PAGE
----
Patrick O'Brien.

Birth and adaption; online

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when I left Ireland to seek a livelihood under that
flag which is the emblem of freedom — the Star
Spangled Banner." [Loud and continuous cheering.] —
Skibbereen Eagle, August, 1901.



248 BIRTH AND ADOPTION.

THE UNITED IRISH LEAGUE PUBLIC
MEETING AT DROMORE.

The Rev. Father Burts was called to the chair, and
among those present were Messrs. Patrick "Rocky
Mountain" O'Brien, F. McCarthy, J. T. O'Hea, P.
Nugent and others.

Mr. O'Brien, who was received with great cheering,
said he had great pleasure in coming there that day to
say a few words to the people of Dromore, because in
the little schoolhpuse yonder he was taught his A, B,
C's. That same schoolhouse turned out many dis-
tinguished men who were in America to-day, among
them he might mention Frank O'Neill, Chief of Police
in Chicago, who in that little schoolhouse learned his
A, B, C's side by side with himself. [Hear! Hear!]
He holds one of the loftiest positions that Irishmen in
America might claim. He need not tell them that he
is well able to fill that position, and that burglars and
desperados have a "holy horror" of Frank O'Neill, of
Tralybawn. [Cheers.] In this little schoolhouse was
also taught a gentleman, Mr. O'Driscoll, of Augha-
ville, who is now dead, and who was one of San Fran-
cisco's leading merchants. Speaking on the land
question, he said that his opinion was that God
Almighty made the world not for a few, but the whole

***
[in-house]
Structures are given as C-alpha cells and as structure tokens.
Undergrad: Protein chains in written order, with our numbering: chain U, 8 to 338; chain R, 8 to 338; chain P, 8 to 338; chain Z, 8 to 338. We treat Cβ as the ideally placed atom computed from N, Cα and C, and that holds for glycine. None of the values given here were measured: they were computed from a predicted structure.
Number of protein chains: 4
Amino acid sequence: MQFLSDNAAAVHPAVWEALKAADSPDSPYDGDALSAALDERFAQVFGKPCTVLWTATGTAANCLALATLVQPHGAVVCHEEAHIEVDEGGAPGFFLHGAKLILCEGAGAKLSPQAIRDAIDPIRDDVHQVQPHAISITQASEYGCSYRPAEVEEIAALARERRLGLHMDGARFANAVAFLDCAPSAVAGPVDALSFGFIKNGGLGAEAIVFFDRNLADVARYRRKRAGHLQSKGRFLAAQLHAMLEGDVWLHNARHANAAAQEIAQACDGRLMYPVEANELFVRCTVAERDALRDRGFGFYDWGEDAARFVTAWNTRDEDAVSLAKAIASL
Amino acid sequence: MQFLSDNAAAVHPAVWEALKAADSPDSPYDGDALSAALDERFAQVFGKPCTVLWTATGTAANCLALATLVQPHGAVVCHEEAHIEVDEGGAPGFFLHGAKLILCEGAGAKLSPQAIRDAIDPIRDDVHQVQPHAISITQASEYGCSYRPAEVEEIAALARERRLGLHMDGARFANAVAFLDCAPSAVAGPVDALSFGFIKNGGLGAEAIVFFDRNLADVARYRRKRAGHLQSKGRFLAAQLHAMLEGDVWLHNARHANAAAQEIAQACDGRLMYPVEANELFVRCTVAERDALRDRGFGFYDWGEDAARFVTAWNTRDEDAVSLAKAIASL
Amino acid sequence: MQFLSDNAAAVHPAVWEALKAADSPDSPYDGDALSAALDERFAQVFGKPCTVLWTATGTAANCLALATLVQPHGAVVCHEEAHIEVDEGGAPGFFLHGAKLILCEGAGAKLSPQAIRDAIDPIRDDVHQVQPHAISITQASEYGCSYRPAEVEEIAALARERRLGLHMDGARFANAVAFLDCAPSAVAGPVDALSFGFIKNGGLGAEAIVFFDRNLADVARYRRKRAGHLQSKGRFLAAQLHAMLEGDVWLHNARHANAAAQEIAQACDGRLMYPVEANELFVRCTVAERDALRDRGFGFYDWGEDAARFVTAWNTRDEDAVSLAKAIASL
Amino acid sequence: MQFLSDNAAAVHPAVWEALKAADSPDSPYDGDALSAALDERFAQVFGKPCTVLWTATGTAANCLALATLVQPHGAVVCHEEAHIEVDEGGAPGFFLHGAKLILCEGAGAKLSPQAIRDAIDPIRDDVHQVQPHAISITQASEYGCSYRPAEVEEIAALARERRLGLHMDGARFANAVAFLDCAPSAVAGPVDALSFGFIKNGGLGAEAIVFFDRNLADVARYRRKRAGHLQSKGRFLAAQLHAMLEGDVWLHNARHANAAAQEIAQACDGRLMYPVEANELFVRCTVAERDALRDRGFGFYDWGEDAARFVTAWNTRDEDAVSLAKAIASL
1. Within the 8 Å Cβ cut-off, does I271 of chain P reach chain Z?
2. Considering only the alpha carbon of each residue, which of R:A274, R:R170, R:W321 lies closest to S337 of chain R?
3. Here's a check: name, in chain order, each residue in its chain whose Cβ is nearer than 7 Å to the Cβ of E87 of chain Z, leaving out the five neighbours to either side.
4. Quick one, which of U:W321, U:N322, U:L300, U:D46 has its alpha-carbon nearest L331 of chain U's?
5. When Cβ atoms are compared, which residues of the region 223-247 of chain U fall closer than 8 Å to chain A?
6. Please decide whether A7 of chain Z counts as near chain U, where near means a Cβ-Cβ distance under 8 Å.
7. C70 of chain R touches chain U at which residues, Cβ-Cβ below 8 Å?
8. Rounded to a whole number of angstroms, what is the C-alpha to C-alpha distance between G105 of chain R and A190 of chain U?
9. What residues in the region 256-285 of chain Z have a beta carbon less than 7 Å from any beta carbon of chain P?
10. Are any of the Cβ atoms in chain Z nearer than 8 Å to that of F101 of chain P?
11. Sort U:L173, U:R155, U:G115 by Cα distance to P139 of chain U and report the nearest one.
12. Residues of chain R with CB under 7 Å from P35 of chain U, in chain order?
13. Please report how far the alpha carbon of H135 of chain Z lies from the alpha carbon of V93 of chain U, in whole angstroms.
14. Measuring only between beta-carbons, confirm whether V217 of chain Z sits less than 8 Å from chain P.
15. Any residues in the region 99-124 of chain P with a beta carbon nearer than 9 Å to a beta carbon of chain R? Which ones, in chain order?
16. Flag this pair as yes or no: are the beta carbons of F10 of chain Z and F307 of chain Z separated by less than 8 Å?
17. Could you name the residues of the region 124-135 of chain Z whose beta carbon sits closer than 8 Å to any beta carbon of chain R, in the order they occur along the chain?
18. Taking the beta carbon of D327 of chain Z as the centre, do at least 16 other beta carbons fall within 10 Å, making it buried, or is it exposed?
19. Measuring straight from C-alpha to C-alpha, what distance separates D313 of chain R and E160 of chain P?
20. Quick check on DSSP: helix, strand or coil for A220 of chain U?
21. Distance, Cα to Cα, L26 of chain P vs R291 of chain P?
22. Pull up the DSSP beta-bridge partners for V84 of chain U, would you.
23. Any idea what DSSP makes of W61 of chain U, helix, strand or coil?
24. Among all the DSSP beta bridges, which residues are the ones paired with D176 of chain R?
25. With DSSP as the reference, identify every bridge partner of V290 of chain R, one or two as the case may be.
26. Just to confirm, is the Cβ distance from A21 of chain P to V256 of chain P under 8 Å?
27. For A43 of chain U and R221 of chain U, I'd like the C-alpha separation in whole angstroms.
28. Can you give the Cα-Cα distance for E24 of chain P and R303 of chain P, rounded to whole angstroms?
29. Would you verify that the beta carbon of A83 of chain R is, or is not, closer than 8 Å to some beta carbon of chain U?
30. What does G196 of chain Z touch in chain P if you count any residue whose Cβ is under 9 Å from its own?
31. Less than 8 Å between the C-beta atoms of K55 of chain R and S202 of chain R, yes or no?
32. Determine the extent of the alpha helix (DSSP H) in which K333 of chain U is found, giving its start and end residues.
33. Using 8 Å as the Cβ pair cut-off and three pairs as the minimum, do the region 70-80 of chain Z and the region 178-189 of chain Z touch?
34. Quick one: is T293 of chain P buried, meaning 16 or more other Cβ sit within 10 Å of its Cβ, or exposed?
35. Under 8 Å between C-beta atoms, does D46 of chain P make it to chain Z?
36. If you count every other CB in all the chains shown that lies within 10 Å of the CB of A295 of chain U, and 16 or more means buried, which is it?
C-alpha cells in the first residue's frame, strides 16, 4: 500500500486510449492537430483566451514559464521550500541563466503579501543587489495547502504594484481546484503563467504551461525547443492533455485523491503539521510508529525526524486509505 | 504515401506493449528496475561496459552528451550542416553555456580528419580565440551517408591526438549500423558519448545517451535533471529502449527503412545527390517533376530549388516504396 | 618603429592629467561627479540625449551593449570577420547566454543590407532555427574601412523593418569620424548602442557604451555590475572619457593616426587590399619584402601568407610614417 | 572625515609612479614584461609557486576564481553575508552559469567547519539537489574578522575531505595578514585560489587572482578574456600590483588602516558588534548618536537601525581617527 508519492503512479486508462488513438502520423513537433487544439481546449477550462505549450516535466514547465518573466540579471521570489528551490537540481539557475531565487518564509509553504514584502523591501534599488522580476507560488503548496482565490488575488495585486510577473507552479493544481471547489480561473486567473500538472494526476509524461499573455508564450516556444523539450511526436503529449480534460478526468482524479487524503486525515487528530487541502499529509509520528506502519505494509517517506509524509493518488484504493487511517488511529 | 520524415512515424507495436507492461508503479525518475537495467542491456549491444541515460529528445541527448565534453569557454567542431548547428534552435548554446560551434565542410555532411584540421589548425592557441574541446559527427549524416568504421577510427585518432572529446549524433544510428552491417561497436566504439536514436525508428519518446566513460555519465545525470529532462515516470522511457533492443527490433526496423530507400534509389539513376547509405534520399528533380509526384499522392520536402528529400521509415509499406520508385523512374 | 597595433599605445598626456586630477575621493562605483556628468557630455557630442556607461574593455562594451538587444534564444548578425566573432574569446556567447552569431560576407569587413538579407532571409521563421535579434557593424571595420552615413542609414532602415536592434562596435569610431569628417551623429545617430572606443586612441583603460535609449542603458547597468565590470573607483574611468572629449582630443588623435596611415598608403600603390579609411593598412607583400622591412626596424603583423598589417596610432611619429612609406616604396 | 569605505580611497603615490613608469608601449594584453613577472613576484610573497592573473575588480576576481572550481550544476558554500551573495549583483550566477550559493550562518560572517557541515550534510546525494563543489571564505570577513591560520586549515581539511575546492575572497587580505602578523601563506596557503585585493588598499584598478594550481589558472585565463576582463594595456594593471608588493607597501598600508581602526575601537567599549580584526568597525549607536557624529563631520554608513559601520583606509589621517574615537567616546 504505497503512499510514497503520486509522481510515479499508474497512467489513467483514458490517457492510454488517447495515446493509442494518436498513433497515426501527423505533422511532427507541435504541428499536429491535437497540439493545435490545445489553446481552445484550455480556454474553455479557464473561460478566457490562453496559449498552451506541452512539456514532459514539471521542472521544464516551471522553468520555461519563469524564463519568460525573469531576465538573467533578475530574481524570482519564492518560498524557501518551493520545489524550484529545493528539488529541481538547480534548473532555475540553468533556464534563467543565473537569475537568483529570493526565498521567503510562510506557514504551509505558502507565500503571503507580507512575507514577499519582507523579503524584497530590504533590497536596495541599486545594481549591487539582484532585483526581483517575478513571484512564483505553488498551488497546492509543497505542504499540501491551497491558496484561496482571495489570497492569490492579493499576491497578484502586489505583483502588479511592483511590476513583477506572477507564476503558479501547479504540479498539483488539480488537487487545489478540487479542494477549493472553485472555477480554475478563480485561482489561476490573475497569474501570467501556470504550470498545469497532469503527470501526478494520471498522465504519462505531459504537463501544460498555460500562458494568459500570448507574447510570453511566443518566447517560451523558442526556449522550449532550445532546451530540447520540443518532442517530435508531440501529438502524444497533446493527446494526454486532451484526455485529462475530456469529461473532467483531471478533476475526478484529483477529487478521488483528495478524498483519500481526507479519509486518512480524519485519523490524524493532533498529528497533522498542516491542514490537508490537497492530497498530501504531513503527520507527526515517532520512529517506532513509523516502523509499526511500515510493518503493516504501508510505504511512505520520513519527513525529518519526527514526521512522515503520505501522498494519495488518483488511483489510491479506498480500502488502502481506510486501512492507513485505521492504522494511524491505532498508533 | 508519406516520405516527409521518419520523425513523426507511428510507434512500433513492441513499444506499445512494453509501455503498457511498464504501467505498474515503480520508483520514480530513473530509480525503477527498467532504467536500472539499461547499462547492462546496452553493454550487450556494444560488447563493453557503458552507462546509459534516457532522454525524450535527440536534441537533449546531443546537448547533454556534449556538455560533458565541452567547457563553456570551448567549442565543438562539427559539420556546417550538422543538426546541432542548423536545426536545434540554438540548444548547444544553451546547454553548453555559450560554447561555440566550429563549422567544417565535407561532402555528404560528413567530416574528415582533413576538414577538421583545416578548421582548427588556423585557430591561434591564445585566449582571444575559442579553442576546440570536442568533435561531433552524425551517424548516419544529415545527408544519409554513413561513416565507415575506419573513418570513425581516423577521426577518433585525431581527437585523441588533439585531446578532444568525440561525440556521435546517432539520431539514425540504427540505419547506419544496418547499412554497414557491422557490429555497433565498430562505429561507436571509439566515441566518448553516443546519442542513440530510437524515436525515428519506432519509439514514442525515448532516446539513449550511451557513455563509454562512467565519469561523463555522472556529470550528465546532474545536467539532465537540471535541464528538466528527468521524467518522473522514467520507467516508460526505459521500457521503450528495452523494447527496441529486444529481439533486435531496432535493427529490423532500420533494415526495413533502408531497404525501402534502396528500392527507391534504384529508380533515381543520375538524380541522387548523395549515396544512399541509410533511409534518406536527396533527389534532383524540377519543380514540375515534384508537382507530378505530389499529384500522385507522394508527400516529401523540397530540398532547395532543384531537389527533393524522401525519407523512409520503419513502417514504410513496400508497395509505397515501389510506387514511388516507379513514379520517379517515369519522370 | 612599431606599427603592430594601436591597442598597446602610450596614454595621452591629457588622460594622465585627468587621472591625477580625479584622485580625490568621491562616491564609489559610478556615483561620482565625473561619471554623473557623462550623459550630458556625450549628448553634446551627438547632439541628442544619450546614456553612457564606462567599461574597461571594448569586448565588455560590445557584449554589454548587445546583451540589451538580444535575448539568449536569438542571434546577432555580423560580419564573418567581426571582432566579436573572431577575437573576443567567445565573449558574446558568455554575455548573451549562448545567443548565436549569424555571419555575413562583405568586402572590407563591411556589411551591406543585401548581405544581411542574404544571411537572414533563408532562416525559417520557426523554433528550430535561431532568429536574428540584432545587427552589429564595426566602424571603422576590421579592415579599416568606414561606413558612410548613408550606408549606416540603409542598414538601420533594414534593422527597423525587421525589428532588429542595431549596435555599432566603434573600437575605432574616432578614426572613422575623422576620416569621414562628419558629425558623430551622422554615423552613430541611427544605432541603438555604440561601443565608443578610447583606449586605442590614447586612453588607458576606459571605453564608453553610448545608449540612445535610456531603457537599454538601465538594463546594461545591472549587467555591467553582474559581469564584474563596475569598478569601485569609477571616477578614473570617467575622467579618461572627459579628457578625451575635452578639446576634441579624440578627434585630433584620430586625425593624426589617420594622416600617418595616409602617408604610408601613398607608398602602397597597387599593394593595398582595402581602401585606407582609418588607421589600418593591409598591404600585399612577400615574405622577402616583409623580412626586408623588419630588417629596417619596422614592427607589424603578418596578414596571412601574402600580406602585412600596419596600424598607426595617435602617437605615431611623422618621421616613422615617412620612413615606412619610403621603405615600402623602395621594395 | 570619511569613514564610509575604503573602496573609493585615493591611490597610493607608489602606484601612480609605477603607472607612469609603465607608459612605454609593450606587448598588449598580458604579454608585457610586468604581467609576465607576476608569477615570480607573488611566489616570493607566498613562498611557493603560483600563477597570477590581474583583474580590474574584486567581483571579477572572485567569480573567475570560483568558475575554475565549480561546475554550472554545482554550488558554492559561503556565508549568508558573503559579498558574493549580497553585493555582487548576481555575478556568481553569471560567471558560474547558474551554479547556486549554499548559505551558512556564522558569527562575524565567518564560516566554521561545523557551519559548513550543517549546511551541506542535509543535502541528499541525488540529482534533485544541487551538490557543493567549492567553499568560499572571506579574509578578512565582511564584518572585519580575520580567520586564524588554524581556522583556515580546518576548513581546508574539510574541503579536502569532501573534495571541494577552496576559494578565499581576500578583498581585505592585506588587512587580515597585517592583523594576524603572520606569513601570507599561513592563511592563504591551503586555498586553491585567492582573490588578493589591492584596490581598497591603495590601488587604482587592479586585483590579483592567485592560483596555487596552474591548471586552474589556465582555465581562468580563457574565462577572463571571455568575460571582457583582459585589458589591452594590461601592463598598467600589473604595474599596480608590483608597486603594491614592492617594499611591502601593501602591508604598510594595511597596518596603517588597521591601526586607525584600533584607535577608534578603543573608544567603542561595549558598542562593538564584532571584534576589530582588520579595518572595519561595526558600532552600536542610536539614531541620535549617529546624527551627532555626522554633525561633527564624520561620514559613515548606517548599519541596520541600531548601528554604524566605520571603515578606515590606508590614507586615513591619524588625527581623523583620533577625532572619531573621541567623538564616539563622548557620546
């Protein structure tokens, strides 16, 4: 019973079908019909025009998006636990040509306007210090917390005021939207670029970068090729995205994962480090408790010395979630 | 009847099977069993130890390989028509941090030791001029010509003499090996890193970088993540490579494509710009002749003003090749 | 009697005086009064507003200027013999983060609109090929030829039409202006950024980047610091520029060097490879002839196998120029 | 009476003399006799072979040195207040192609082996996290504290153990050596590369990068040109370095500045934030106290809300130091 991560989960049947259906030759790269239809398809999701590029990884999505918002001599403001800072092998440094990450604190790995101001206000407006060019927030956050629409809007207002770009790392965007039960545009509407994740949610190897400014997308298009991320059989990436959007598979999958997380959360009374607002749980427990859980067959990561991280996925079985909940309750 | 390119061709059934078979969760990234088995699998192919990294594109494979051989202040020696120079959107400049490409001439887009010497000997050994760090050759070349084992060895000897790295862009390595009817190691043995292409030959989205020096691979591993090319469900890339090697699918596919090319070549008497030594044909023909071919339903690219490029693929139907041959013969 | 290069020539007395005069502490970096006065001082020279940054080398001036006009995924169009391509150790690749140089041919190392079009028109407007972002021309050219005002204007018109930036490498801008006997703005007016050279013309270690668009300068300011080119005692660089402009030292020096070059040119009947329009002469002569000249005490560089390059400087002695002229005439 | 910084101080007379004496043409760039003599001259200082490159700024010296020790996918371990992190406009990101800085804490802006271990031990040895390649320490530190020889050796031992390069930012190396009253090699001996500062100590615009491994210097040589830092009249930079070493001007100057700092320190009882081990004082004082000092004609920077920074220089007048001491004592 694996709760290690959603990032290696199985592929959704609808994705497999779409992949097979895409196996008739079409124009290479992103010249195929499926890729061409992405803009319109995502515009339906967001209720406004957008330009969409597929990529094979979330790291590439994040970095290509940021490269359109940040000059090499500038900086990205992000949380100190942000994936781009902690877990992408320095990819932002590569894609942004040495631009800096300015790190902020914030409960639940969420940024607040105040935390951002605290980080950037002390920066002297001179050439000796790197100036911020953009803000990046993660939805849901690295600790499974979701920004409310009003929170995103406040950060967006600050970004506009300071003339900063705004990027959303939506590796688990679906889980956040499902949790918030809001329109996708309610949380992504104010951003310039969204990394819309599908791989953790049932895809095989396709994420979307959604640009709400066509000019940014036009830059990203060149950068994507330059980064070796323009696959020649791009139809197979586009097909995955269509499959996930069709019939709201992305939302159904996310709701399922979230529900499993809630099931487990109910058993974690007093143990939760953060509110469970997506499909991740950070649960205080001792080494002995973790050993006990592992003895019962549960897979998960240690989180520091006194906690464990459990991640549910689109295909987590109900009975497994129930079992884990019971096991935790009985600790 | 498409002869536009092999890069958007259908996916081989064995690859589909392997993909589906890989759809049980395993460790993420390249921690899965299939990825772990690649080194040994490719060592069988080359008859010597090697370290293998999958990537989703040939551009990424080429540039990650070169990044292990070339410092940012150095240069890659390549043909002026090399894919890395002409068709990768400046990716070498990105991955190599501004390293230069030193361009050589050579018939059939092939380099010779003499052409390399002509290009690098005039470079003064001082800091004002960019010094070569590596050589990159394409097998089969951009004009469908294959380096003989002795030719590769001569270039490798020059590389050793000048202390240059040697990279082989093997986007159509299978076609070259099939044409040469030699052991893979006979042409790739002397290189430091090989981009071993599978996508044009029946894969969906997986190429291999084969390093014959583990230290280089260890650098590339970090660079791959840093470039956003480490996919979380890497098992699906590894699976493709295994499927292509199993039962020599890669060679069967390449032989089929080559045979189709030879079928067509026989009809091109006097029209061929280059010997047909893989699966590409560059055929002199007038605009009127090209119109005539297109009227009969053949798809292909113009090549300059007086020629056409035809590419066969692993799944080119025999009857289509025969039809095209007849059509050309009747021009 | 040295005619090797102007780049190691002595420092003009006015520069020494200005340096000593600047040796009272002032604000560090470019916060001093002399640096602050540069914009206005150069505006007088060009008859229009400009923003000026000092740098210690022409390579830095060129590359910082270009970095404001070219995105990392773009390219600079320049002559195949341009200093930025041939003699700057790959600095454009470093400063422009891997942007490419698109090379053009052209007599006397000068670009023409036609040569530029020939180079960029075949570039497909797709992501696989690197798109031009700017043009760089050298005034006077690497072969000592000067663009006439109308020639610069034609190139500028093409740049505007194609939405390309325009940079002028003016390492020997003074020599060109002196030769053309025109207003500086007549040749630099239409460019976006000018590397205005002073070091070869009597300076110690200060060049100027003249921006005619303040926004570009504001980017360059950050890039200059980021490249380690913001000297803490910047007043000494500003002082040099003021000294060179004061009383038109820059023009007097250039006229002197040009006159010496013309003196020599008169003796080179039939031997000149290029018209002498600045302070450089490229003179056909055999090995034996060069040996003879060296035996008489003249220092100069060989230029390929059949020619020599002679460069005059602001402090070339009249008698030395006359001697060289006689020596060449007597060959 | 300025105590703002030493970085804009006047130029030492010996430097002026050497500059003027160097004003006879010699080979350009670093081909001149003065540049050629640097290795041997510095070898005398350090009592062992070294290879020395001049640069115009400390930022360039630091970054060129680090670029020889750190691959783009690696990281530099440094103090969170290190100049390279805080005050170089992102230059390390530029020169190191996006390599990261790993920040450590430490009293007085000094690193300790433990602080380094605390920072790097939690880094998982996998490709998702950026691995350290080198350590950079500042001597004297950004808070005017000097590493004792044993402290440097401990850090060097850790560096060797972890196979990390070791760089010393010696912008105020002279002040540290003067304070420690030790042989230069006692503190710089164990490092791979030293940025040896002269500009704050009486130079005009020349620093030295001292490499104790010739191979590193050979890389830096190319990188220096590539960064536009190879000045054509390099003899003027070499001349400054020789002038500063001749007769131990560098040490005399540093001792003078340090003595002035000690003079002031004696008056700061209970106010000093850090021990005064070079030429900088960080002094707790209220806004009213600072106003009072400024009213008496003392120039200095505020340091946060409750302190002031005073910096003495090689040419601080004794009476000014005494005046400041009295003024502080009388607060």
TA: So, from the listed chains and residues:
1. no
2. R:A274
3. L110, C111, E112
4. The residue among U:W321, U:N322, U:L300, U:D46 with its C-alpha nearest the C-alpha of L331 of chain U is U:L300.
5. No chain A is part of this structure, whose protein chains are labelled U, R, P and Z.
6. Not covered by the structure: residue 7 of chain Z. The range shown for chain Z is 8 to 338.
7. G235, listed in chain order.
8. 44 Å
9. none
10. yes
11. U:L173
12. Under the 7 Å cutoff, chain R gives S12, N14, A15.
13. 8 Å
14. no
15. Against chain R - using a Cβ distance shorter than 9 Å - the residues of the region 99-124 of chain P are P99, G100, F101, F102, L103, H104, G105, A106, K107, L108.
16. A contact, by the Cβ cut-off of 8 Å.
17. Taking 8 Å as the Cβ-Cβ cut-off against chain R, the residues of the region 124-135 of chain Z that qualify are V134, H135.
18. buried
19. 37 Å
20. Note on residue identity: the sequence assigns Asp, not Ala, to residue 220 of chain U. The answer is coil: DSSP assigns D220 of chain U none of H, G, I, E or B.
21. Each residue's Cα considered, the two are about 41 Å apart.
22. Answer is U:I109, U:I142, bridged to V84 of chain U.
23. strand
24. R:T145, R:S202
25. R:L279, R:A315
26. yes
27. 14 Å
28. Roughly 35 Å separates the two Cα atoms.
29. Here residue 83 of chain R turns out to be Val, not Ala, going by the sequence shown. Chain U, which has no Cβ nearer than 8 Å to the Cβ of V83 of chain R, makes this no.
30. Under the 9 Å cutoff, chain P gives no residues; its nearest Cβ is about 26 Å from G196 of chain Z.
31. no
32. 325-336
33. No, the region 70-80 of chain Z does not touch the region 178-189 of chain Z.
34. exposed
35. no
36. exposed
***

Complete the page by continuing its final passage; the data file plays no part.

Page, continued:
human race. He did not create it for robber landlords.
He never meant that lOO acres be given to one man,
500 to another, 100,000 to another and none to some.
[Hear! Hear!] His opinion was that until they aboh



BIRTH AND ADOPTION. 249

ished landlordism they would have no prosperity in the
country. [Hear! Hear!] They could only do that
by uniting together, joining the national organization
and, standing on a united platform, try to wring
concessions from the landlords, and if this failed they
should take up arms, if necessary, and assert their
rights in the land that bore them. [Cheers.] For the
last seven hundred years England had been robbing
and persecuting their country; she had held Ireland in
an iron grip ; in the streets of Clonakilty the Saxon
mercenaries held up little children on their bayonets.
The landlords of to-day were the descendants of these
hirelings. They were the absentee landlords, who
were ruling Ireland [Shame!] and of the hard-earned
money that was sent by the industrious Irish boys and
girls in America £9 out of every £10 found its way to
the pockets of these robber landlords, who spent it in
the gambling hells of Europe.

Now his advice to the people was to live on the
product of the land themselves, and if there were any-
thing over to give it to the landlords. If he had his
say they would get nothing; but at all events let them
come last. [Hear! Hear!]

A Voice — What claim have they to it ?

Mr. O'Brien — None; absolutely none. I say that
the landlords are the biggest scoundrels and the big-
gest highwaymen in the world to-day. [Hear! Hear!]
He left that parish himself owing to the action of rob-